How a Deadly Police Force Ruled a City
After years of impunity, the police in Vallejo, California, took over the city’s politics and threatened its people.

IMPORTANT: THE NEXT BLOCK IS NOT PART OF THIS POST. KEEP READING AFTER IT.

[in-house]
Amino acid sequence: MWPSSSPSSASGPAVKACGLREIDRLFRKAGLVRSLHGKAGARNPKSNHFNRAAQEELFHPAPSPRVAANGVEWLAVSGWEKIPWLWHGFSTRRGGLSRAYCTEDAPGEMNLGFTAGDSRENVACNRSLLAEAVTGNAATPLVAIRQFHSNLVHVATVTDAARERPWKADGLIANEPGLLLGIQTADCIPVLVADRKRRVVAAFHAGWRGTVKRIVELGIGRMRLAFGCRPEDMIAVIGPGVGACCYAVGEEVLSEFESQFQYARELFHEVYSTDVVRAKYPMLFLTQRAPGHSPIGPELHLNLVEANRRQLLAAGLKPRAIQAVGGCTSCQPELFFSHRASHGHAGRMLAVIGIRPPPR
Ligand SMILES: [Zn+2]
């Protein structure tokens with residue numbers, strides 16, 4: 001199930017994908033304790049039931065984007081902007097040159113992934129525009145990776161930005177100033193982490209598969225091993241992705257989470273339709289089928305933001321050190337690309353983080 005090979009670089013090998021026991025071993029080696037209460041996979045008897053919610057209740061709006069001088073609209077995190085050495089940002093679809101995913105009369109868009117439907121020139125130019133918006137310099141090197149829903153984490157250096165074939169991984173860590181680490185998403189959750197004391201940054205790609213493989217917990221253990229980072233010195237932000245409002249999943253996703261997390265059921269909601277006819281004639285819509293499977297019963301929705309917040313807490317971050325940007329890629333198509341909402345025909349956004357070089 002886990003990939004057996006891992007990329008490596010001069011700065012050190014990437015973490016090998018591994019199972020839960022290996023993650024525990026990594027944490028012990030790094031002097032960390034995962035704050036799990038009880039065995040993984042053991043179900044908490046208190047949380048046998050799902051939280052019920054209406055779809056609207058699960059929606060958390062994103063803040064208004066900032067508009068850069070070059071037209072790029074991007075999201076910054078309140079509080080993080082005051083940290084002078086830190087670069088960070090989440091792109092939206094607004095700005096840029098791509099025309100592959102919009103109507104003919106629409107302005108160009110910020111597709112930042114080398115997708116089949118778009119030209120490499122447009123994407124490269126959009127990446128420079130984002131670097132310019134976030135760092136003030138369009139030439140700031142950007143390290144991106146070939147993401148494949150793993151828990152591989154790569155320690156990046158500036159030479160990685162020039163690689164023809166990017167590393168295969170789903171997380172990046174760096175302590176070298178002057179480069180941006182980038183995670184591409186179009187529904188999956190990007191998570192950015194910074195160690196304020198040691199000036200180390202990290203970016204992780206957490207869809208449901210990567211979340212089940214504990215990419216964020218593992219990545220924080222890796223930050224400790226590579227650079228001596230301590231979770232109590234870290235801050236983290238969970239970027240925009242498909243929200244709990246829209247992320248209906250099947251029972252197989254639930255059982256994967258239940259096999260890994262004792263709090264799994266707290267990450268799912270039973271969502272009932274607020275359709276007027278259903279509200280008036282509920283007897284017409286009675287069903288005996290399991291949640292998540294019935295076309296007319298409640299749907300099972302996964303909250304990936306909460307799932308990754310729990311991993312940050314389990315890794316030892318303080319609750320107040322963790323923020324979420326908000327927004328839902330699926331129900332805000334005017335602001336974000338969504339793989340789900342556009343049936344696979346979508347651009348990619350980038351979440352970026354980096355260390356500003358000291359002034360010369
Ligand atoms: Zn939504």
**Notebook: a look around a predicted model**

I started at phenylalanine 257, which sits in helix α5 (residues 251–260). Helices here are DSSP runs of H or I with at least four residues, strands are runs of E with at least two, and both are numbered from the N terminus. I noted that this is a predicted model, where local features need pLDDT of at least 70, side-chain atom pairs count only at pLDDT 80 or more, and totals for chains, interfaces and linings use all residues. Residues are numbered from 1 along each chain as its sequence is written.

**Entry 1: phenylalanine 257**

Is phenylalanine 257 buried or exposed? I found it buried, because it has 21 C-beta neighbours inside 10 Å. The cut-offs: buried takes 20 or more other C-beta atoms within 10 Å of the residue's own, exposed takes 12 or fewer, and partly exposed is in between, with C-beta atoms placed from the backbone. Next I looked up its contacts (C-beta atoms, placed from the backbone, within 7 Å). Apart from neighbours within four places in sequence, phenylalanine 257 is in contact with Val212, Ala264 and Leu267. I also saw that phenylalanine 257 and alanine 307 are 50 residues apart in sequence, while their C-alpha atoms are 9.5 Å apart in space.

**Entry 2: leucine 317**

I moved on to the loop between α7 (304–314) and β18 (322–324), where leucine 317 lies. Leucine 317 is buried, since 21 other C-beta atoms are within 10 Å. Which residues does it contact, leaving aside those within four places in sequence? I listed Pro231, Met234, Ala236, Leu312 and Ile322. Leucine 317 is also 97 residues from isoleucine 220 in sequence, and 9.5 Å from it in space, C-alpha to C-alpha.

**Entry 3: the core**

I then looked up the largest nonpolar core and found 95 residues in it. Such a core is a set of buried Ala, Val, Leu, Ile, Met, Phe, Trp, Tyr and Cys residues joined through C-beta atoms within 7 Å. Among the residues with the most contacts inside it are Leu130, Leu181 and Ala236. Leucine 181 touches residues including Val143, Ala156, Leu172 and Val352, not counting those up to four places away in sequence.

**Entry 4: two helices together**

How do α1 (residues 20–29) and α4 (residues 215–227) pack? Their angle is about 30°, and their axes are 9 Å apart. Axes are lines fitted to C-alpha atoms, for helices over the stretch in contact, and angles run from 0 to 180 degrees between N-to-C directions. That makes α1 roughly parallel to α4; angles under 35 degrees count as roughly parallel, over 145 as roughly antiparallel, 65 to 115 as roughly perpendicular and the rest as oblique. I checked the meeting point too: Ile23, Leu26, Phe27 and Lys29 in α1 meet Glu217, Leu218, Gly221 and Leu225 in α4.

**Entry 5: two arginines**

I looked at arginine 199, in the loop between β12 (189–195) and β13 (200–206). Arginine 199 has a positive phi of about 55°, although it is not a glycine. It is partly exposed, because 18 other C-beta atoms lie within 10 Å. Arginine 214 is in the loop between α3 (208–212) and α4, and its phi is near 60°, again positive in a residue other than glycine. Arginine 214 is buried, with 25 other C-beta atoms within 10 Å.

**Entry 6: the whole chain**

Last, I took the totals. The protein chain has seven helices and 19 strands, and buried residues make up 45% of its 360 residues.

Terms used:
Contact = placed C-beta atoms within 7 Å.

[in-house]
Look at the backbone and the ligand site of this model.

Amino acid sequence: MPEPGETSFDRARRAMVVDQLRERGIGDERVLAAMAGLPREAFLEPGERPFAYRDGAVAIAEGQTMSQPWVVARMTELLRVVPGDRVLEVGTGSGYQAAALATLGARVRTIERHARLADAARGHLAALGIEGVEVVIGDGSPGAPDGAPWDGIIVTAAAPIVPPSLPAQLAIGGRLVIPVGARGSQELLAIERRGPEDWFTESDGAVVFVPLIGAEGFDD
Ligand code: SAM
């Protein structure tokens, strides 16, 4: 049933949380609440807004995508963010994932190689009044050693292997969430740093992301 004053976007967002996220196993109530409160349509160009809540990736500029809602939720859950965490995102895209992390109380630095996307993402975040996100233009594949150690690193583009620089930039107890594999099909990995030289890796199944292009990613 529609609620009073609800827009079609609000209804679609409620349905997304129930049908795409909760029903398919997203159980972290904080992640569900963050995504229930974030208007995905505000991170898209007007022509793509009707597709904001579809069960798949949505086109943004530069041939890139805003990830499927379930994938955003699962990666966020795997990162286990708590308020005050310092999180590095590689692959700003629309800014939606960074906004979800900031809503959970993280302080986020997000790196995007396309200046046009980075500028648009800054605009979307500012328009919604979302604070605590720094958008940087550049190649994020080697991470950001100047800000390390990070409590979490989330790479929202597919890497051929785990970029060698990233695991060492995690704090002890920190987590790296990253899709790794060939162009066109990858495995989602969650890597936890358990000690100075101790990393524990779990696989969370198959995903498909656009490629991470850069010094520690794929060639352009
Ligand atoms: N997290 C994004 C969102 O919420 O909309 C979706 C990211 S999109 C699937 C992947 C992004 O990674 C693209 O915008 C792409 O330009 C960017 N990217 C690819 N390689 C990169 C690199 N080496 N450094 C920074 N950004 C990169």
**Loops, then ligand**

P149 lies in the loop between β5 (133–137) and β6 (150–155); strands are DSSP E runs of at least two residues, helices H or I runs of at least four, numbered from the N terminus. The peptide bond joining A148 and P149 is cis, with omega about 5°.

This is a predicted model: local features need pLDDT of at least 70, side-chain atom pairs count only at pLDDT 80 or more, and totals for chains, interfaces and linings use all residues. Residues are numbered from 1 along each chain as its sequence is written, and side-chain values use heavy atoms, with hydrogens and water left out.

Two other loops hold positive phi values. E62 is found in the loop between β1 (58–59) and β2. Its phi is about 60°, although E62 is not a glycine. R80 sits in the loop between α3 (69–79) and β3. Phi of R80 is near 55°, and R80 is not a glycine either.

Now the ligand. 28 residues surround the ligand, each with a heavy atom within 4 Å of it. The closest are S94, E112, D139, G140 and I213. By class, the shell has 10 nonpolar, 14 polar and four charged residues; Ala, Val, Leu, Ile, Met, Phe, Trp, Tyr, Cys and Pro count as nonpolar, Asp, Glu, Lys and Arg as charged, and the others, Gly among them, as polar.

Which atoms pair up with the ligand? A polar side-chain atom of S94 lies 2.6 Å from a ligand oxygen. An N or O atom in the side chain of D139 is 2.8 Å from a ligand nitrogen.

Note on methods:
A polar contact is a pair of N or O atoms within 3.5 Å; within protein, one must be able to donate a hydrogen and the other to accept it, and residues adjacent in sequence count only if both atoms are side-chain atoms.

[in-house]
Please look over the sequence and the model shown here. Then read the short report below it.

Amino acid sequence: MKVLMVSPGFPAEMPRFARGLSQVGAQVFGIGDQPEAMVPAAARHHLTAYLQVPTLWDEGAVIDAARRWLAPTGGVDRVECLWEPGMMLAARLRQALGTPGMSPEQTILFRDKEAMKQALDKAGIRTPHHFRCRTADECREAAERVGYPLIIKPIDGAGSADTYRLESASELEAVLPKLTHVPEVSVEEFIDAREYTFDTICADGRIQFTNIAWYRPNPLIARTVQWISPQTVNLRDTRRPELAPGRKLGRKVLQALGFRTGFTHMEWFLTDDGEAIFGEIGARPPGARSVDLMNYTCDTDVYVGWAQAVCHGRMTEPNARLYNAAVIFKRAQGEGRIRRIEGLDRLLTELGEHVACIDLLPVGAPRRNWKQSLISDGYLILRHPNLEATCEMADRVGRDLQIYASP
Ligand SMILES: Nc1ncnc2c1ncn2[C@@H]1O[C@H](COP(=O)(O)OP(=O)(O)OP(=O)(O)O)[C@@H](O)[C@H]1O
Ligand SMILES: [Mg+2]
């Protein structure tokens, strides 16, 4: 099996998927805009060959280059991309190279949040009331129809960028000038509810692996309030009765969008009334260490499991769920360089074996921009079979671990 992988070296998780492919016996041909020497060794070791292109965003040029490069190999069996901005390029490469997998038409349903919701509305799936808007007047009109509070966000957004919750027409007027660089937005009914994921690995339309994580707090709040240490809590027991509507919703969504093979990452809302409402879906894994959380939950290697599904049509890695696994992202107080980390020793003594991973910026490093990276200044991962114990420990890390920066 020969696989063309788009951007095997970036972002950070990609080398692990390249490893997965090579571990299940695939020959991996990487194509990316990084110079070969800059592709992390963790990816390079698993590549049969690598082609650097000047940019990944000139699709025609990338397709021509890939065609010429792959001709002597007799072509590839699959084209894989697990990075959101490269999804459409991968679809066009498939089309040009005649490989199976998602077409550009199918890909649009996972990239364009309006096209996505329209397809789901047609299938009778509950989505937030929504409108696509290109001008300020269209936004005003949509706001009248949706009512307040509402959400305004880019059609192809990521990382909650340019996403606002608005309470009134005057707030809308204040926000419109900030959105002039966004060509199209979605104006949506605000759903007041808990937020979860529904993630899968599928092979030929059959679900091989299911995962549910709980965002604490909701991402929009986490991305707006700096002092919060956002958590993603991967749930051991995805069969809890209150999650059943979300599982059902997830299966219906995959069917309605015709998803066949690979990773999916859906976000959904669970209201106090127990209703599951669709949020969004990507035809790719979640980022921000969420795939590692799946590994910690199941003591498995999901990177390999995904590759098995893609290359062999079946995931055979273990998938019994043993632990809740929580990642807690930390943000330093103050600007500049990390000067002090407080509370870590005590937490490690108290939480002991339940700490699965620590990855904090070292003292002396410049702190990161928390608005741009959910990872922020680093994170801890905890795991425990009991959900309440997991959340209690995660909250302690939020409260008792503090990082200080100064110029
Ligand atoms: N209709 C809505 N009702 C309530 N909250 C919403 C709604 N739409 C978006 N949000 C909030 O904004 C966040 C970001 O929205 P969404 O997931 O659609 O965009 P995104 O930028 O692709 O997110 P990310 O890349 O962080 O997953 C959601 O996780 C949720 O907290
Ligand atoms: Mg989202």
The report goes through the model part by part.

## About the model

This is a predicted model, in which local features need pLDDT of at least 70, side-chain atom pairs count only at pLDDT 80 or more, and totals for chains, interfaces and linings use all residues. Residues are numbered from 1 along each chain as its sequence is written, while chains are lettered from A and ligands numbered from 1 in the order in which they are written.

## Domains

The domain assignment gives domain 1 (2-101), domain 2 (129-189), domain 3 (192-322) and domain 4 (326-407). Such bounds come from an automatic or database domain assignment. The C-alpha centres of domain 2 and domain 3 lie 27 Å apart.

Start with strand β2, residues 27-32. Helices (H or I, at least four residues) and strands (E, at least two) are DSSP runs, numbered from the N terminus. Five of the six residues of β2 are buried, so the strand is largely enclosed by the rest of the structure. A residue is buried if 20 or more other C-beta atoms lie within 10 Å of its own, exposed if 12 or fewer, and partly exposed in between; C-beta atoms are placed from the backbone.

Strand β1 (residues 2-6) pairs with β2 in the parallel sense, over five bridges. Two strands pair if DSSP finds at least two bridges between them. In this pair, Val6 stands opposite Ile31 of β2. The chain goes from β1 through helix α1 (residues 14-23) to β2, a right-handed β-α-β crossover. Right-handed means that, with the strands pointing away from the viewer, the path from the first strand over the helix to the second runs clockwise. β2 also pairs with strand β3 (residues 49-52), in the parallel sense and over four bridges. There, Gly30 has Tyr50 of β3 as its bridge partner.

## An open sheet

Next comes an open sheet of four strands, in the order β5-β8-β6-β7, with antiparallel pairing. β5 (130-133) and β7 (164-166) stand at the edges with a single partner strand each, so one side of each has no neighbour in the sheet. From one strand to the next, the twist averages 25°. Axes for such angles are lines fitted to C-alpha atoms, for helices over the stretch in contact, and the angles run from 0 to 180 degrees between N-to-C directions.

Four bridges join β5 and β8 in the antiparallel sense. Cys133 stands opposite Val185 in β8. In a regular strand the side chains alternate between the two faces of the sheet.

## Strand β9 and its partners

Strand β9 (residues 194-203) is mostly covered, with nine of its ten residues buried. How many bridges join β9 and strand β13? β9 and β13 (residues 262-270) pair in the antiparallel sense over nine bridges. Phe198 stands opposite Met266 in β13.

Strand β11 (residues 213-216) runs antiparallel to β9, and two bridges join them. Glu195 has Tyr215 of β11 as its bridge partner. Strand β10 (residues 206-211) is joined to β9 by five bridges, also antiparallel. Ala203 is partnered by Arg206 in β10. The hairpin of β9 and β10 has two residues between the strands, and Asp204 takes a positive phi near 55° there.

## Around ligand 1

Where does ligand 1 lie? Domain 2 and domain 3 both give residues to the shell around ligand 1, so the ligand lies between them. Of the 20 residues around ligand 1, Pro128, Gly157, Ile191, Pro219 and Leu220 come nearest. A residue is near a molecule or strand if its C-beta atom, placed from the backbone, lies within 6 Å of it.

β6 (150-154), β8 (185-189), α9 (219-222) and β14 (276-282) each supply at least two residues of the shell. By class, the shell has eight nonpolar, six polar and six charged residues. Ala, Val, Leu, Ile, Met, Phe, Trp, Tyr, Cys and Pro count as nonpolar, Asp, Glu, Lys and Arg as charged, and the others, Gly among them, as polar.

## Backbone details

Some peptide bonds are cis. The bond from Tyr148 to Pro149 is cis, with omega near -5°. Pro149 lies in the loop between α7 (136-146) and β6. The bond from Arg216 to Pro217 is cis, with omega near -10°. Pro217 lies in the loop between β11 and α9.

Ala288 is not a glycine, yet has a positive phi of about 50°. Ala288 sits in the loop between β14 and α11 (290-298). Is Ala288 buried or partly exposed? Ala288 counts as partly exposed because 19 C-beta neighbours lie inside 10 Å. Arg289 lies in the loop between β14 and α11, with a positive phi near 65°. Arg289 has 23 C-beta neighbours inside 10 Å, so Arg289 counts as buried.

Vallejo, a postindustrial city of a hundred and twenty-two thousand people, is best known for its Six Flags amusement park and for its musicians: E-40, Mac Dre, H.E.R. Its per-capita income is less than half that of San Francisco, and its population is more diverse, split among whites, African-Americans, Latinos, and Asians. Its police force, however, consists largely of white men who live elsewhere. Since 2010, members of the Vallejo Police Department have killed nineteen people—a higher rate than that of any of America’s hundred largest police forces except St. Louis’s. According to data collected by the anti-police-brutality group Campaign Zero, the V.P.D. uses more force per arrest than any other department in California does. Vallejo cops have shot at people running away, fired dozens of rounds at unarmed men, used guns in off-duty arguments, and beaten apparently mentally ill people. The city’s police records show that officers who shoot unarmed men aren’t punished—in fact, some of the force’s most lethal cops have been promoted.